The 1910 investigation and arrest opened the floodgates on the marital escapades of Charles Boss, revealing that he’d married at least six New England women, including Anna Beaumont. He promised his wives that his pension would provide a nice income after marriage. Once married, he stole whatever he could lay his hands on and quickly moved on. In addition to larceny he was charged with bigamy in several Massachusetts counties.

His mistake was marrying Anna — she trailed him, found him and wasn’t willing to let him off the hook. His previous wives didn’t try to locate him, probably due to embarrassment at being cheated, then abandoned.

Charles was born in 1842 in Troy, New York. At the age of 18 he served a prison term for larceny in the Middlesex House of Correction in Massachusetts. He was actually telling the truth about being a Civil War vet — he was a private in Company C of the 27th Massachusetts Infantry and was awarded a disability pension for his service.

soldiers home chelsea

Old Soldiers Home, circa 1920. Collection of the Chelsea Library Archives.

By 1919 he lived in a county almshouse in New York. The following year he resided in the Old Soldiers’ Home in Chelsea, Massachusetts.

Charles Webster Boss was a thief and a heart breaker, but you have to give him credit — the old soldier knew how to rock the mutton-chop whiskers.

It’s pure coincidence that 21 Central Street, where Charles was photographed in Lowell, is now the office of a divorce lawyer!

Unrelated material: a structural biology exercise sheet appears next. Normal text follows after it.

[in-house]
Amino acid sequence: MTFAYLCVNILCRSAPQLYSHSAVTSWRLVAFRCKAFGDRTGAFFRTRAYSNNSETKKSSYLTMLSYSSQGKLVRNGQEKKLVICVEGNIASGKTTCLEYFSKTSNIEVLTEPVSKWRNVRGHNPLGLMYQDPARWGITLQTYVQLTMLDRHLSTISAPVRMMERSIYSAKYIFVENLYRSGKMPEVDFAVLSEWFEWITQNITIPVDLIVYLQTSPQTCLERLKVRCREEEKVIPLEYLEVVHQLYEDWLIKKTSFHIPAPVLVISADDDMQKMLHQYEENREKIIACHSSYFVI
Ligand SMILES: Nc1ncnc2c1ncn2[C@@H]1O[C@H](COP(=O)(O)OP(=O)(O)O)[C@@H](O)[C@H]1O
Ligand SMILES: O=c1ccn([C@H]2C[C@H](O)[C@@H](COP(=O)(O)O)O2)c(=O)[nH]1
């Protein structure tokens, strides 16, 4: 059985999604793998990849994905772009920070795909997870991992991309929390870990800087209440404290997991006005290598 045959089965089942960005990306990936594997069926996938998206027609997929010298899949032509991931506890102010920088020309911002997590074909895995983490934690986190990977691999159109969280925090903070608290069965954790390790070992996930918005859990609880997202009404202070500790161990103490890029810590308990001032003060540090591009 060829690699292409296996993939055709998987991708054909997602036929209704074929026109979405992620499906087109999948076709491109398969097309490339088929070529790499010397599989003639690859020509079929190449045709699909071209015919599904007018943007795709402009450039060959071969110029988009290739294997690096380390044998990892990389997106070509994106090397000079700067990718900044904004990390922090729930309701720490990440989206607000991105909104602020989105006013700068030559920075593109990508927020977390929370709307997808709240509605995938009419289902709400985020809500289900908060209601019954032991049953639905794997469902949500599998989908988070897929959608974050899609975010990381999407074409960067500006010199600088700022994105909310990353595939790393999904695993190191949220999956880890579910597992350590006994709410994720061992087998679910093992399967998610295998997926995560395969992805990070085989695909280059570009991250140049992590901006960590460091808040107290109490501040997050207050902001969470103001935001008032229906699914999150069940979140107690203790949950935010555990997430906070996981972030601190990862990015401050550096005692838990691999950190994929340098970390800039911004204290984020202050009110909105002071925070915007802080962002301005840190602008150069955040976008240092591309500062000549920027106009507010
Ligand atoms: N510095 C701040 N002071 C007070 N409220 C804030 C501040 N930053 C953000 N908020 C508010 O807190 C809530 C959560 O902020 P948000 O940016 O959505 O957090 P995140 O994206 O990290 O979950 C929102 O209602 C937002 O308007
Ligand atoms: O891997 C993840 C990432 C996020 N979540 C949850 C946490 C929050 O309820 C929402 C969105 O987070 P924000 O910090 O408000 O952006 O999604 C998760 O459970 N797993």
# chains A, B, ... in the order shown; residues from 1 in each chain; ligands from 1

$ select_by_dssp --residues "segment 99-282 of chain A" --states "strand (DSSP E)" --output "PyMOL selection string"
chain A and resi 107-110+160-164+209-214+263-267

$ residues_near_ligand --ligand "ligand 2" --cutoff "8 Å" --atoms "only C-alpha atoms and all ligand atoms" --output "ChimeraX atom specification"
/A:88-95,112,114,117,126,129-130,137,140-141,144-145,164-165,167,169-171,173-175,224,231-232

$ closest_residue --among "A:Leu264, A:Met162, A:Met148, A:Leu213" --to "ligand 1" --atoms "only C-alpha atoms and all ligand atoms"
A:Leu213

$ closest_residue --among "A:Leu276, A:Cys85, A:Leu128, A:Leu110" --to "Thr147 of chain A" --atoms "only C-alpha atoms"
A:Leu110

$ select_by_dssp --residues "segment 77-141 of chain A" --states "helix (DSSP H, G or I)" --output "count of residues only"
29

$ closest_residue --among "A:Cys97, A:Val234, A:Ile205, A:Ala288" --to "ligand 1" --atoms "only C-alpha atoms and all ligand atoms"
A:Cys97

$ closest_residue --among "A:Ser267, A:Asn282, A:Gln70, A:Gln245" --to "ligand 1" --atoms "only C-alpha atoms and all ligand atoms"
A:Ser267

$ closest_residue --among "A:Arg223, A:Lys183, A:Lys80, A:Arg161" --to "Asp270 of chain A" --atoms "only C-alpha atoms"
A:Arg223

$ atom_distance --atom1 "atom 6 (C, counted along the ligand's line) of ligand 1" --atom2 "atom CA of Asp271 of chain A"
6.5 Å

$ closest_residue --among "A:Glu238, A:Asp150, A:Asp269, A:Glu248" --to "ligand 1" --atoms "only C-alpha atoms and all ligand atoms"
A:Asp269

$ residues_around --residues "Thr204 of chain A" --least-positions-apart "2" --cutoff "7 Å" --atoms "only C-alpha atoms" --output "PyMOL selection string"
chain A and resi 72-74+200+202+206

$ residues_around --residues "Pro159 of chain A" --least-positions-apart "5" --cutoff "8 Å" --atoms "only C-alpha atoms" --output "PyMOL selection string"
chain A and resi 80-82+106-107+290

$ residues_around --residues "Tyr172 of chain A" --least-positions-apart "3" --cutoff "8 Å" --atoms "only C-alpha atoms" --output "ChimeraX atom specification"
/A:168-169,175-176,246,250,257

Featured photo: Carte de visite mugshot of Charles Boss, circa 1910. Collection of the author.

Other Men’s Wives

Other Men’s Wives

Joseph Evans was a matrimonially challenged man. His first wife, Mary Jane, died of blood poisoning in 1899, leaving him with three sons under the age of nine. Joseph needed to find a woman to care for him and his children.

Three years later Joseph married 35-year-old Rebecca Kane and the family moved into a house in Cambridge, Massachusetts. All seemed to be well, except for the fact that Rebecca Kane was actually Rebecca Burnham, wife of William Burnham of Reading, Massachusetts, and mother of two sons with William.

Due to disability and age — he was 73 — William had not worked for years, so the townspeople of Reading provided financial support to the family. Rebecca saved $1200 of this money and handed the cash over to Joseph Evans, who briefly boarded at the Burnham home. Joseph used the money to set himself up in the furniture moving business, buying horses, wagons and “other accoutrements.”